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  • Author or Editor: Outi Paloposki x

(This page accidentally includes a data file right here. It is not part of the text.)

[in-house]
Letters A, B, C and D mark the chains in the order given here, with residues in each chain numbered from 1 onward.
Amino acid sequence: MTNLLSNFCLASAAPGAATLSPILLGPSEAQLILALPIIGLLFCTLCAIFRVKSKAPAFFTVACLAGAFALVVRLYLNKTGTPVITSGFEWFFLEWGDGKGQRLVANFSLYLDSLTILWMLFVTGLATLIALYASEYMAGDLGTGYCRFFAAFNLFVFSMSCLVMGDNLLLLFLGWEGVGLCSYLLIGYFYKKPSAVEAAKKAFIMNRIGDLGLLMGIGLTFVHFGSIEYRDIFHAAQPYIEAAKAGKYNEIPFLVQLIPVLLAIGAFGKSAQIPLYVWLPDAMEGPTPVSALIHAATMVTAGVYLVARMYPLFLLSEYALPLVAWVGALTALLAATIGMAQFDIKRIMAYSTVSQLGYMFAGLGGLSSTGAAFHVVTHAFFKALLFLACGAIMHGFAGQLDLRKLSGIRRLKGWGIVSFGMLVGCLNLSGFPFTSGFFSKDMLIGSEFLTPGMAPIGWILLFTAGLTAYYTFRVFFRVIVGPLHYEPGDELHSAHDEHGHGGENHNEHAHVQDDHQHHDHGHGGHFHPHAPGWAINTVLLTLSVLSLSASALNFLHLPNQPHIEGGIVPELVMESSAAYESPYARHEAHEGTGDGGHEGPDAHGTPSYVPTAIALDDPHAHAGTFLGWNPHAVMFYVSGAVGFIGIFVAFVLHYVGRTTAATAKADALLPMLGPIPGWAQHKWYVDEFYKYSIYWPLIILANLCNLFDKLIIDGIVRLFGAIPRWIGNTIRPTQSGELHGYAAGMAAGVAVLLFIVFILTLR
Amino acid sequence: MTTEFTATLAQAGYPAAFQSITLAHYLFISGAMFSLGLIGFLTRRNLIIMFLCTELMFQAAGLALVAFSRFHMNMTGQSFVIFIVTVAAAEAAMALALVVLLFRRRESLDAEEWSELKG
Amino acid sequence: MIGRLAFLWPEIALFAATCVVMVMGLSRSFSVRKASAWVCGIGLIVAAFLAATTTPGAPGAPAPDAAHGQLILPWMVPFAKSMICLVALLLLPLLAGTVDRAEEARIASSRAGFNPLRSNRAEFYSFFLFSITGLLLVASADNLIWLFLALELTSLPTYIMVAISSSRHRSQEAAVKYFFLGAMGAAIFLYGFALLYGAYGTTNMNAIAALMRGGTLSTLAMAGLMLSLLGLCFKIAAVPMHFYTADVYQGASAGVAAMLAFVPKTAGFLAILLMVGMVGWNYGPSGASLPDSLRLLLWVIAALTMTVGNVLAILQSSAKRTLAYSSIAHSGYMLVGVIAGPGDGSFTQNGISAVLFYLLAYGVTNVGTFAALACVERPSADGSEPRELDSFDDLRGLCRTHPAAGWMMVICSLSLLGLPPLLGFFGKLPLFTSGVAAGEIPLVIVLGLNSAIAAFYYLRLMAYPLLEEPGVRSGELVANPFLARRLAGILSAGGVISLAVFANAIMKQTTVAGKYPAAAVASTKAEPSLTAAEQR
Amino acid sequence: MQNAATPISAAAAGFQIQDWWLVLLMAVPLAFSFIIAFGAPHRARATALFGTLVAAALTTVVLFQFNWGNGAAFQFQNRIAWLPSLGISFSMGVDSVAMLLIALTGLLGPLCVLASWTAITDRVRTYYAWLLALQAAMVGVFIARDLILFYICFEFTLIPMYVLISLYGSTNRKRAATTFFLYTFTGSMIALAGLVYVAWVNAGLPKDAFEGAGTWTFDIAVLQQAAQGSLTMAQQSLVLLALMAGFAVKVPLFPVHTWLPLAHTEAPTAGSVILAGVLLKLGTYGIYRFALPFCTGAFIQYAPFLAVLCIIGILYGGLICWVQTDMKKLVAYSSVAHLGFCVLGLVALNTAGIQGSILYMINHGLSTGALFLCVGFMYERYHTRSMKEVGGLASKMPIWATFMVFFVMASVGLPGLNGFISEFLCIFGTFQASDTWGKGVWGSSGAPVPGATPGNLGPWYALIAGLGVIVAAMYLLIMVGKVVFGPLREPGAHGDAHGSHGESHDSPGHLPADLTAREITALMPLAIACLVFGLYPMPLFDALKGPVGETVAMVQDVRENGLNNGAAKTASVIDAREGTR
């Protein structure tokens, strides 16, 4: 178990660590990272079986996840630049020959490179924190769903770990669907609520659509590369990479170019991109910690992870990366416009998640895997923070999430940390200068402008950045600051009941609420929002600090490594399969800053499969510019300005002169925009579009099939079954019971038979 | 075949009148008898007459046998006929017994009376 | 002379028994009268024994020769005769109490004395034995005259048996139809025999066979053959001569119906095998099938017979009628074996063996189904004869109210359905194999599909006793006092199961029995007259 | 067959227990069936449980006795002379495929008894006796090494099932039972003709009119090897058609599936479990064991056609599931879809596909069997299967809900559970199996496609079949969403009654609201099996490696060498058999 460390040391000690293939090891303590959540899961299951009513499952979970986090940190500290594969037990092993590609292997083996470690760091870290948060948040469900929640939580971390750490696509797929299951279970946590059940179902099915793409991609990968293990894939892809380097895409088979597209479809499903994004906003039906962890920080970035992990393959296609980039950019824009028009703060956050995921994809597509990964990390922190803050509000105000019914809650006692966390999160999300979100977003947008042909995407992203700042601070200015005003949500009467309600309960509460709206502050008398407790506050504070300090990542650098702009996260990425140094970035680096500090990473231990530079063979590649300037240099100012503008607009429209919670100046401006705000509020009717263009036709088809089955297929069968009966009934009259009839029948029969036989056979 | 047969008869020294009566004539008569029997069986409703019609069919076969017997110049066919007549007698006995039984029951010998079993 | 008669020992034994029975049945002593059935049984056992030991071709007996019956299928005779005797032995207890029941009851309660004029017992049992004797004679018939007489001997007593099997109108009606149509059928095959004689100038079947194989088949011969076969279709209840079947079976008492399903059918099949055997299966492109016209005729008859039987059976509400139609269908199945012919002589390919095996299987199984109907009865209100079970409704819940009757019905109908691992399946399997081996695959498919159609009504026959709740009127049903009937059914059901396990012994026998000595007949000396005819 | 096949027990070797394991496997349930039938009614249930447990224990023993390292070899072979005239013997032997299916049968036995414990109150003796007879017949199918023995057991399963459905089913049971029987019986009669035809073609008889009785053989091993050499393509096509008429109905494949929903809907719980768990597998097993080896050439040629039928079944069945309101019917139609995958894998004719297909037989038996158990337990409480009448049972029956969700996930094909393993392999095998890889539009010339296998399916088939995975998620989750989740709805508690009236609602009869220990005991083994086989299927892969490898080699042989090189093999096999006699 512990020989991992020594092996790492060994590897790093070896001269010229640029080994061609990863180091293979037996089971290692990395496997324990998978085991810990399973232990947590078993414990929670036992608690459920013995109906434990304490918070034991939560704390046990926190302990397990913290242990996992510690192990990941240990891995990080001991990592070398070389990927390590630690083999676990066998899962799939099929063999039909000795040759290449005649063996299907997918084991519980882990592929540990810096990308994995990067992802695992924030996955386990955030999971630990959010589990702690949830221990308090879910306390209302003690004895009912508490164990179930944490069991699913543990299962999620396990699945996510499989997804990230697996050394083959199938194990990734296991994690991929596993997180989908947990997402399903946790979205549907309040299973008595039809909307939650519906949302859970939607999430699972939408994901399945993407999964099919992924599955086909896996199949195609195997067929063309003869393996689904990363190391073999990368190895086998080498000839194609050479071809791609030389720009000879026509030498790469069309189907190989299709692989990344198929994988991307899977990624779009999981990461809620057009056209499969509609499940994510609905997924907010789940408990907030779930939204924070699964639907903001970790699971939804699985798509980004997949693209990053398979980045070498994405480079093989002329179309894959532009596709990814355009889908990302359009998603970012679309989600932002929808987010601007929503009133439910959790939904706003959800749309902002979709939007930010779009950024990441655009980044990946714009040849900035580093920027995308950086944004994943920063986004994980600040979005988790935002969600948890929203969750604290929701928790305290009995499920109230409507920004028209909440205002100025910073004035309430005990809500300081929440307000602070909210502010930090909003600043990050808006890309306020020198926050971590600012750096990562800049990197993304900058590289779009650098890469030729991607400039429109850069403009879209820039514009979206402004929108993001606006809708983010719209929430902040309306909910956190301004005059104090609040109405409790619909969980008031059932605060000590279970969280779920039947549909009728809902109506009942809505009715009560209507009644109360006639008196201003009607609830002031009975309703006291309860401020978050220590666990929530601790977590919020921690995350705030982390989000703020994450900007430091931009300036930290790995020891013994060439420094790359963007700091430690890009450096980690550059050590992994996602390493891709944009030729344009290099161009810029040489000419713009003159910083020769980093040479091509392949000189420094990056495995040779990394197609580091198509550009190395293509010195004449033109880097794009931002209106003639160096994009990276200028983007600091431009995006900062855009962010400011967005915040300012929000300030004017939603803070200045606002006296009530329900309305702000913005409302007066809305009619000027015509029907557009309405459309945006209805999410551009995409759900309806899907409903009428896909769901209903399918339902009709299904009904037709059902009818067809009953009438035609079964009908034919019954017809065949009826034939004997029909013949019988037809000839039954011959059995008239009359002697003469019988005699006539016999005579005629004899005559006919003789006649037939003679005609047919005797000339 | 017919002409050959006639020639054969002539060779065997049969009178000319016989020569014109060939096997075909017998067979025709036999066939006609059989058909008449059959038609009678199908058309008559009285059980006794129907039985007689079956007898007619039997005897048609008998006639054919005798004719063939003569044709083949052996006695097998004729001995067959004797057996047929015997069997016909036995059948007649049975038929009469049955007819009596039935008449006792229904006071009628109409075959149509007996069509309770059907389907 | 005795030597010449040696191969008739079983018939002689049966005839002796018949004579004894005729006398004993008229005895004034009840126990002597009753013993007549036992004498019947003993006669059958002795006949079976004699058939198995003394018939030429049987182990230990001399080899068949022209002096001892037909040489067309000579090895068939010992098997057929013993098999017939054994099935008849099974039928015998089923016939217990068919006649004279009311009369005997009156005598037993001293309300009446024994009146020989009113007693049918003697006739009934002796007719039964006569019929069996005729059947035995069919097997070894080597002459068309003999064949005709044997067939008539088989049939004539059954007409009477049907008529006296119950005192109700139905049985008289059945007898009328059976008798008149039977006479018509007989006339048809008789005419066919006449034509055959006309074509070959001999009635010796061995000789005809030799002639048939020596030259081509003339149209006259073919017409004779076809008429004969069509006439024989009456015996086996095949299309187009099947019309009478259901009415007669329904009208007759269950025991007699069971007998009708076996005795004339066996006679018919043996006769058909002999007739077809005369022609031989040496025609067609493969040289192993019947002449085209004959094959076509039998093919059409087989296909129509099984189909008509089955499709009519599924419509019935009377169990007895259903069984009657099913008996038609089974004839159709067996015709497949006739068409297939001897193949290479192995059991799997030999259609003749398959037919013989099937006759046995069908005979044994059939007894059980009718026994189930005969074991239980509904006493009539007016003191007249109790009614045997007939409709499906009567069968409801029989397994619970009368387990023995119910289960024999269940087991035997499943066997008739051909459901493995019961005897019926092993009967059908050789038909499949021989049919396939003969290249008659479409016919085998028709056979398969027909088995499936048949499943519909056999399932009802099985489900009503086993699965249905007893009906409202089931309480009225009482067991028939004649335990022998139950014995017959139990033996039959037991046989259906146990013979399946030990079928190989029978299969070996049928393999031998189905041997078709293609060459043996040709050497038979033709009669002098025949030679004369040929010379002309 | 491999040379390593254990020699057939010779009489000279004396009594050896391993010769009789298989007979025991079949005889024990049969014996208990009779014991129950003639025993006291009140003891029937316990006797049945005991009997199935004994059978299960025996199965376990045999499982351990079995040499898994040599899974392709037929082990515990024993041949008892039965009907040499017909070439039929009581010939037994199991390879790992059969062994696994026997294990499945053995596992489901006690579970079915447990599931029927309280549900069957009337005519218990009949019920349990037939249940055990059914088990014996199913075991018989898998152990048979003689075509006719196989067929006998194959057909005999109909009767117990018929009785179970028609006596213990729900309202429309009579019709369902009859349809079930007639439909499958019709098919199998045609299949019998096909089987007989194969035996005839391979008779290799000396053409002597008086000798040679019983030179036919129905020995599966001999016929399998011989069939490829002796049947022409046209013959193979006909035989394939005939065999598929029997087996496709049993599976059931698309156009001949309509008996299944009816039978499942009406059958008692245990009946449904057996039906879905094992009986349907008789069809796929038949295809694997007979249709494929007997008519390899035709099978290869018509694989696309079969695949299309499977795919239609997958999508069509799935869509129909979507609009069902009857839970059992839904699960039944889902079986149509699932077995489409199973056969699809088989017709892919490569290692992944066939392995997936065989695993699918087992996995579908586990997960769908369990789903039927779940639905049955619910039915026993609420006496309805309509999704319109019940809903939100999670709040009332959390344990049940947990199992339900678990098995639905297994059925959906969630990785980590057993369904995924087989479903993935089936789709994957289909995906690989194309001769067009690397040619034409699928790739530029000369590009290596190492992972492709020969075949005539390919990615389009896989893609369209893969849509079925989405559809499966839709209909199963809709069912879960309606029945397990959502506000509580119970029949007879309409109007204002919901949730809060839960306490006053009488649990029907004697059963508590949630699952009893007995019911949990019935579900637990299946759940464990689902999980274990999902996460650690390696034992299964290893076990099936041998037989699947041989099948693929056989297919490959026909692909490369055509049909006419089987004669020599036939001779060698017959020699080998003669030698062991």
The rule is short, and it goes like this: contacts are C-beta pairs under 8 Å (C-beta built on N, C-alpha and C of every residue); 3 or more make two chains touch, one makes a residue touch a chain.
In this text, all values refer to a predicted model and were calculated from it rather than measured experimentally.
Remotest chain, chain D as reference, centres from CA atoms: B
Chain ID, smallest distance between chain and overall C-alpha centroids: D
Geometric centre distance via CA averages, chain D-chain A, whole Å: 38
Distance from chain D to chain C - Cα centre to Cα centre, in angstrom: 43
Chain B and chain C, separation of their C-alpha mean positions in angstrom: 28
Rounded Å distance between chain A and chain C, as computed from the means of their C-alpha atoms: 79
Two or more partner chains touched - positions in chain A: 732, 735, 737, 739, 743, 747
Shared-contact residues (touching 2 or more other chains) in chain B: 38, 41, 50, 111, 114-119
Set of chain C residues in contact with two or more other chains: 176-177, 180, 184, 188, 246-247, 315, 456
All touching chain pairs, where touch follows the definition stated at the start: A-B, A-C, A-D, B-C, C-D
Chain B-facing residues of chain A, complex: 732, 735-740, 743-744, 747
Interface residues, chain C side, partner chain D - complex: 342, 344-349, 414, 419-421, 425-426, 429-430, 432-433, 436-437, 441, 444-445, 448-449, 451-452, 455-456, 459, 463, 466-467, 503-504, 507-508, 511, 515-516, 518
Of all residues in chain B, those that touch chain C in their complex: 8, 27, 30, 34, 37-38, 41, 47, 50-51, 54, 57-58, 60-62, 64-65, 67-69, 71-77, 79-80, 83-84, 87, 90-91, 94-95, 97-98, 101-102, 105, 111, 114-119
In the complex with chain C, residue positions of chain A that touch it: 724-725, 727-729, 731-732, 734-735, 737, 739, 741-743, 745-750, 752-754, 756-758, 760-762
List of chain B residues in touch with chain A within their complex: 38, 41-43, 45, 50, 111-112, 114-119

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Retranslations are a frequent object of study in Translation Studies. They can be used as data for a number of research problems, or retranslation can be studied as a phenomenon on its own. There are no large-scale surveys on retranslation, however, let alone surveys that would be coupled with in-depth case studies, no doubt due to the laboriousness and complexity of the task. Our own interest in the issue started from a small-scale project testing the so-called Retranslation Hypothesis, but gradually our research expanded into a wider range of questions. We have addressed three main areas: the extent and proportion of retranslation in Finland; the motives for and reception of retranslations (publishers, critics); and finally, what happens to a text when it is either retranslated or revised (textual analysis). For this purpose, we have compiled three different sets of data from the Finnish context. These sets consist of synchronic data (retranslations and their reviews from the year 2000), diachronic data (charting the retranslation history of classics shortlisted in 1999 and 1887) and case studies (by e.g. Victor Hugo, Nikolai Gogol, Astrid Lindgren and Juan Valera translated into Finnish). This paper presents an overview of the results of our investigation, argues for a need for a comprehensive treatment of retranslation as a phenomenon, and discusses the implications of textual analysis for the understanding of the fuzzy area between retranslation and revision. The cases presented include Hugo’s Les Misérables , Gogol’s Dead Souls and Lagerlöf’s Gösta Berling .

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